About The Gazette Search Back Issues Contact Us    
The newspaper of The Johns Hopkins University December 11, 2006 | Vol. 36 No. 14
Obituary: Art Historian Nancy Forgione, 54


A memorial service was held Saturday morning in Homewood's Glass Pavilion for Nancy Forgione, 54, a Johns Hopkins alumna and visiting assistant professor in the Krieger School's History of Art Department who also taught in the MLA program. She died Dec. 3, a day after being hospitalized with what was presumptively diagnosed as a meningococcal infection.

Writing to inform faculty, staff and students of her death, Krieger School Dean Adam Falk described Forgione as "an active and highly regarded scholar, and a well-liked and admired member of the Department of the History of Art. More than that," he wrote, "she was, as a colleague of mine commented, the kind of person who could make your day better with just a quick conversation while passing you in the hallway."

After graduating from Johns Hopkins in 1974 with a degree in humanistic studies, Forgione received a master's degree in library science from the University of Maryland, College Park, and worked at the Maryland Institute College of Art for five years as a cataloger and research librarian. In 1993 she received a doctorate in art history from Johns Hopkins, writing her thesis on the French artist Edouard Vuillard. In addition to teaching at Hopkins, Loyola College, MICA and Goucher College, she taught at the University of the Witwatersrand in Johannesburg when her husband, Michael Hill, was The Baltimore Sun bureau chief in that city.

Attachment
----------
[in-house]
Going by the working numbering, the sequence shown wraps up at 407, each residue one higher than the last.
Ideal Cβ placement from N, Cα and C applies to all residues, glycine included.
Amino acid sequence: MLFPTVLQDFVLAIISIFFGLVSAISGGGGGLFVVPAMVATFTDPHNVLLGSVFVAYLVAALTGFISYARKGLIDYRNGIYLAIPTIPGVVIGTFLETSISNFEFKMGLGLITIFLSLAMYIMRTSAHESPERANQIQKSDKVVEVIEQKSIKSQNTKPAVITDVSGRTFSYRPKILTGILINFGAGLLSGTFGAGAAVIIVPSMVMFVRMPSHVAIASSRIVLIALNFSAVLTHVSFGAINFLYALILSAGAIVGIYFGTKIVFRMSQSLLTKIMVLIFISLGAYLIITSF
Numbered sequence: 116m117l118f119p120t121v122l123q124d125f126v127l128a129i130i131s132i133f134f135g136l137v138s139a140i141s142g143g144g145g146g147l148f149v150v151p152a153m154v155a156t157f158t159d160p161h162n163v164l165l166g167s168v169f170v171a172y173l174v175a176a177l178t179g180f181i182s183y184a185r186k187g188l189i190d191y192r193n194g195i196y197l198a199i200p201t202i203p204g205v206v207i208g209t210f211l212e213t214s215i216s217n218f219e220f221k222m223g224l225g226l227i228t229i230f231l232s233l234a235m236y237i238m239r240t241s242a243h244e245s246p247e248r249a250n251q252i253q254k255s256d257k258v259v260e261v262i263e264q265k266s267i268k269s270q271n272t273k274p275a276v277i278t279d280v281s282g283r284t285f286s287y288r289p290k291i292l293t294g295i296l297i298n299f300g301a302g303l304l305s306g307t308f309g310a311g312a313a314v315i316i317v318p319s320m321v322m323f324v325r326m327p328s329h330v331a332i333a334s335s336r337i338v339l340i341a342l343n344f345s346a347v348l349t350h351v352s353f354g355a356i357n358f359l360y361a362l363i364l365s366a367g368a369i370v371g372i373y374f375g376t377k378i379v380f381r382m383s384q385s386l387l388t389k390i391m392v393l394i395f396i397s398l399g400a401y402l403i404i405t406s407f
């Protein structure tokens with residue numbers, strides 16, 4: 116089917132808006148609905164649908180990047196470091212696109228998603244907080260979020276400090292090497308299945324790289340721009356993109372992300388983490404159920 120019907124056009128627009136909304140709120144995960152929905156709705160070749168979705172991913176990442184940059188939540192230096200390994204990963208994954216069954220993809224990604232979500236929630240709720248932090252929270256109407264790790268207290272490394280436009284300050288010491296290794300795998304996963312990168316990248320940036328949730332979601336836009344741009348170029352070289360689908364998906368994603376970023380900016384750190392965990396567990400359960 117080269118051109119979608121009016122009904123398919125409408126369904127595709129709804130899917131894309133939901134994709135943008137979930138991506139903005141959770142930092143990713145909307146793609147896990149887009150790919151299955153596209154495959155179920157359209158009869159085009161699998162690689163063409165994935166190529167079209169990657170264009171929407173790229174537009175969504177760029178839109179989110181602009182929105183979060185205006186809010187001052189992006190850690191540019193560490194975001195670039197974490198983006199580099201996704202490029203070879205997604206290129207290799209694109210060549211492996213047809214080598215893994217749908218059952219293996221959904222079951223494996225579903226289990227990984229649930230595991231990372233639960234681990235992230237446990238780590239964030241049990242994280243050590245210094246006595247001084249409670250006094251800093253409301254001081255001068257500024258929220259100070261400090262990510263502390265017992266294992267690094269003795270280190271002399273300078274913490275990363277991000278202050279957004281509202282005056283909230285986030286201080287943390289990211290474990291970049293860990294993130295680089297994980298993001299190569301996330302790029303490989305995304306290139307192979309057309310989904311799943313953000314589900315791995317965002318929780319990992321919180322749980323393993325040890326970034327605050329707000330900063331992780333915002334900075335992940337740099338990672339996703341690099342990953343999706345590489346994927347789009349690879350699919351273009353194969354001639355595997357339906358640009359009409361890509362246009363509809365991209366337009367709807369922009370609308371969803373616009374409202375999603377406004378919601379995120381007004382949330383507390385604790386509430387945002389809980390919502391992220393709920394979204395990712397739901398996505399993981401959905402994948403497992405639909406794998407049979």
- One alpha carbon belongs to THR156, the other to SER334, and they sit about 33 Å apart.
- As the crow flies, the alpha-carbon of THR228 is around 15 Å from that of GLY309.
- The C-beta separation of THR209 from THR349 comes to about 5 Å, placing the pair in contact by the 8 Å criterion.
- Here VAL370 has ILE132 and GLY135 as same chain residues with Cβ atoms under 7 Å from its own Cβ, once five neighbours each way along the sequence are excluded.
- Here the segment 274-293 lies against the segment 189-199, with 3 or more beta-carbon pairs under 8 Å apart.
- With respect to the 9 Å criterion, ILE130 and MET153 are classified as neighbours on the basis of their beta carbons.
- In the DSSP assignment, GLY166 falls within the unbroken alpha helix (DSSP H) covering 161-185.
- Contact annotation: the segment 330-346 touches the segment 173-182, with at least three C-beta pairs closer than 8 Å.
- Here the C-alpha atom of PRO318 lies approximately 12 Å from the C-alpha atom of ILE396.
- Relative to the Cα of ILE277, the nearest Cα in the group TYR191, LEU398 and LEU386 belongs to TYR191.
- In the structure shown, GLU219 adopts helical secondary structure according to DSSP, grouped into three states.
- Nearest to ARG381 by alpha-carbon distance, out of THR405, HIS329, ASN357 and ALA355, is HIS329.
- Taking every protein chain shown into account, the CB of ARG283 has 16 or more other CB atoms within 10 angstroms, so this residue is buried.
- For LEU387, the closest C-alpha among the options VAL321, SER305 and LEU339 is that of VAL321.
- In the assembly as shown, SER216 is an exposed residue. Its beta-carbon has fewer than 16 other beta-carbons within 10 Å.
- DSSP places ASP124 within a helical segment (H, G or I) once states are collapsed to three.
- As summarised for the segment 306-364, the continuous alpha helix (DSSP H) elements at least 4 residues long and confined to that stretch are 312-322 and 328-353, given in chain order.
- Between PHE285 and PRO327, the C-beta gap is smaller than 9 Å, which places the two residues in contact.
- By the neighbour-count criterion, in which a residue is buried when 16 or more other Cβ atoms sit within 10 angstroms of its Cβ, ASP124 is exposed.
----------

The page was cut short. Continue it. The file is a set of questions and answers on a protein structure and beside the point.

She returned to Hopkins in 1998 and for a number of years taught undergraduate courses in 19th-century art and abstract expressionism and part of the survey course Introduction to the History of European Art. For the graduate MLA program, she first taught Abstract Expressionism in Contemporary Art and then created courses titled the Idea of Home and the History and Art of Walking. In June 2007, she was to have led a Johns Hopkins Alumni study tour to Provence and the Cote d'Azur.

"Nancy delighted in the interdisciplinary approach to education," said Melissa Hilbish, associate MLA program chair. "Her walking class grew out of her own passion for walking and the passion for journey on many levels. In class, she spoke often about her husband and their travels, a brilliant approach that is the hallmark of the MLA program, bringing various aspects of a topic together in order to view it in a new way. She was a wonderful, extraordinary, very lively teacher. Students were really drawn to her classes."

Survivors include her husband, whom she met when they were both undergraduates at Hopkins, and two sons, Albert Michael Hill Jr., a senior at Wesleyan University, and Owen Forgione Hill, a freshman at Brown University.

Memorial contributions may be made to the History of Art Department at Johns Hopkins, 3400 N. Charles St., Baltimore, MD 21218, or to the Ingenuity Project, Baltimore Polytechnic Institute, 1400 W. Cold Spring Lane, Baltimore, MD 21209.


The Gazette | The Johns Hopkins University | Suite 540 | 901 S. Bond St. | Baltimore, MD 21231 | 443-287-9900 |